In July, The Charter School Facility Center at the National Alliance for Public Charter Schools published an analysis of state policies relative to Per-Pupil Facility Funding.
According to the analysis there are 18 states that provide per-pupil funding for charter school facilities. Of those 18, 12 states – including Minnesota – provide supplementary funding beyond the overall per-pupil funding formula for schools. (6 states embed any funding for facilities in the general formula).
When one looks closer at the 12 states that provide supplementary per-pupil funding for facilities, Minnesota provides the largest per-pupil funding by statute for facilities, except for Washington DC. In terms of the average per-pupil funding Minnesota ($1,232.94) is twice as high as the next state, New Mexico, and six times higher than Pennsylvania and Texas.
All 12 states have either some eligibility criteria or restrictions on the use of facility funding. For example:
- 3 states differentiate on how much per-pupil funding a school is eligible for based on the ownership of the building,
- 4 states preclude virtual schools from receiving facility funding,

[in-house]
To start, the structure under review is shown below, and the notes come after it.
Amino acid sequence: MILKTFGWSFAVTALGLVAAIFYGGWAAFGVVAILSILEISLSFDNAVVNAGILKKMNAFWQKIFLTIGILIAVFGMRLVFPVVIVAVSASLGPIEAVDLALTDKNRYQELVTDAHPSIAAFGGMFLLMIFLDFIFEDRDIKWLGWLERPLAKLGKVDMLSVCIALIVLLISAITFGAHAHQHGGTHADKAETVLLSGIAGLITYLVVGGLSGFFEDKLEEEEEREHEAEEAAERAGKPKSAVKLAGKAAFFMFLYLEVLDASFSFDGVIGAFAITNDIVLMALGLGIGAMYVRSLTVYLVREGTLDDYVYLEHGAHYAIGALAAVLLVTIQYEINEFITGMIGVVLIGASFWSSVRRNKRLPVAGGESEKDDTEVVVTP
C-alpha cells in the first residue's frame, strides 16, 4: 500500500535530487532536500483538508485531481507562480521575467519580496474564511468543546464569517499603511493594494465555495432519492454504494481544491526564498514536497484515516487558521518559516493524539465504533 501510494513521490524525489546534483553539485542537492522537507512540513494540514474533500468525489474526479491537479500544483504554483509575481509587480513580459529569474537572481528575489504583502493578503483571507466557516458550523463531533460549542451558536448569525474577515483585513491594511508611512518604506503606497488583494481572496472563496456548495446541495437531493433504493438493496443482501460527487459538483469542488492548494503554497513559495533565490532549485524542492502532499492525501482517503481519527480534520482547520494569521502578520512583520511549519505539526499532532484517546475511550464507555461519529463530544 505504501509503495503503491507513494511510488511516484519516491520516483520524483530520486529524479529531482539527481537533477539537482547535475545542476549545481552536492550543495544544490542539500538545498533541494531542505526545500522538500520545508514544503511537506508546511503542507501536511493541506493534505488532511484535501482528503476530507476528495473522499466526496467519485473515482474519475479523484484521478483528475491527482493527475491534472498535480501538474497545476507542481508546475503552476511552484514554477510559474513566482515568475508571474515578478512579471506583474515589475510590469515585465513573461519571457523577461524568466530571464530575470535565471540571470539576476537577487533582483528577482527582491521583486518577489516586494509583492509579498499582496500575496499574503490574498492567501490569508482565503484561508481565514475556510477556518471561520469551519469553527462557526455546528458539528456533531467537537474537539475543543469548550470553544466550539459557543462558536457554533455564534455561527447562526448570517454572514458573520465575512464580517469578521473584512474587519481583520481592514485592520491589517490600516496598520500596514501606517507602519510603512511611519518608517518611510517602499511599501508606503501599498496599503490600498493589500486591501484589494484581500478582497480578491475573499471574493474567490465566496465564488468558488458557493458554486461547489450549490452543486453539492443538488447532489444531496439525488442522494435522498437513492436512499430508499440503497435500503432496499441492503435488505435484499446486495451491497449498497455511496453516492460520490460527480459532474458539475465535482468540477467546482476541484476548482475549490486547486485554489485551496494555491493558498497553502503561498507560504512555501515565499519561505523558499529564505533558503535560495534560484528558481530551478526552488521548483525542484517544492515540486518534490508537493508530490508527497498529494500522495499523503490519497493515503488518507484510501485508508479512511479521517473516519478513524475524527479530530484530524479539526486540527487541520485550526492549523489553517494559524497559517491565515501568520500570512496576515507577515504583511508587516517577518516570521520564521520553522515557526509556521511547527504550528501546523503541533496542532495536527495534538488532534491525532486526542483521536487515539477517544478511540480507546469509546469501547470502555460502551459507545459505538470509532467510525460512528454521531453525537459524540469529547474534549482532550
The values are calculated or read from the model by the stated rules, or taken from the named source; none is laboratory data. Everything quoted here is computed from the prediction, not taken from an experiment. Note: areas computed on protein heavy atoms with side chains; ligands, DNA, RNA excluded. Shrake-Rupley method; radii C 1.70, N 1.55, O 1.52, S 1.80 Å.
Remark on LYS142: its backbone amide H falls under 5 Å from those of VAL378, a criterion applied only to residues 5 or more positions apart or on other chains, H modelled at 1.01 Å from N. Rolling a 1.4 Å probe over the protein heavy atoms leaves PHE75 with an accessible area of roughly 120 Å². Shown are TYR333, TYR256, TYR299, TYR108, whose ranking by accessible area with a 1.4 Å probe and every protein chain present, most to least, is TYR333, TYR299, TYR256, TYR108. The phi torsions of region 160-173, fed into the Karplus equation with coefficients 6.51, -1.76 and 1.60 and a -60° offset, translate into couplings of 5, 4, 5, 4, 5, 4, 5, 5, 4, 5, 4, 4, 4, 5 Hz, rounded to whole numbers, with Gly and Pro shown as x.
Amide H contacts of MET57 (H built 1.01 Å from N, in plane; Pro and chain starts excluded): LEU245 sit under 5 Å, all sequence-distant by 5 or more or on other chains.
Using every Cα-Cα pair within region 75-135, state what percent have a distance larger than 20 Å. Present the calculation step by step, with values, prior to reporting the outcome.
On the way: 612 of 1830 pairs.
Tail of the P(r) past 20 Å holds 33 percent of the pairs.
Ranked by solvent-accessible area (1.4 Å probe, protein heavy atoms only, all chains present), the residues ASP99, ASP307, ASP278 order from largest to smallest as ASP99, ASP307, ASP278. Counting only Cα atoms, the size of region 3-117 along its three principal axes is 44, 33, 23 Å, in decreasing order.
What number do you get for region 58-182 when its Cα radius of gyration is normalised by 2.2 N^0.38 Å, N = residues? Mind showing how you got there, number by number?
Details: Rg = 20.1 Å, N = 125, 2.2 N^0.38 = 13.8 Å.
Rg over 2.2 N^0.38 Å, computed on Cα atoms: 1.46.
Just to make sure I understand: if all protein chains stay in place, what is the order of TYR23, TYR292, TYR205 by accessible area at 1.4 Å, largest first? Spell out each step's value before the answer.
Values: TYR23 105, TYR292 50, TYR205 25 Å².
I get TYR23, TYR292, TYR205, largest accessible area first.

- 5 states connect eligibility to academic performance,
- 4 states restrict use of the funds to Lease reimbursement costs (including Minnesota)
While Idaho, New Mexico, and Washington DC provide funding simply based on average daily attendance whereas Minnesota is based on adjusted pupil units, the per-pupil amount in their statutes is lower far lower than Minnesota, with the exception of Washington DC.
When one looks at the statutes of all 18 states that provide facilities funding, only Washington DC, and Arizona have a higher amount in statute than Minnesota. New York cannot be compared to any state since it has a hybrid model of facilities – including no cost district space.
So, when you look across the landscape across the country – Minnesota is a top tier state in terms of providing per-pupil facility funding in both statute and in real dollars.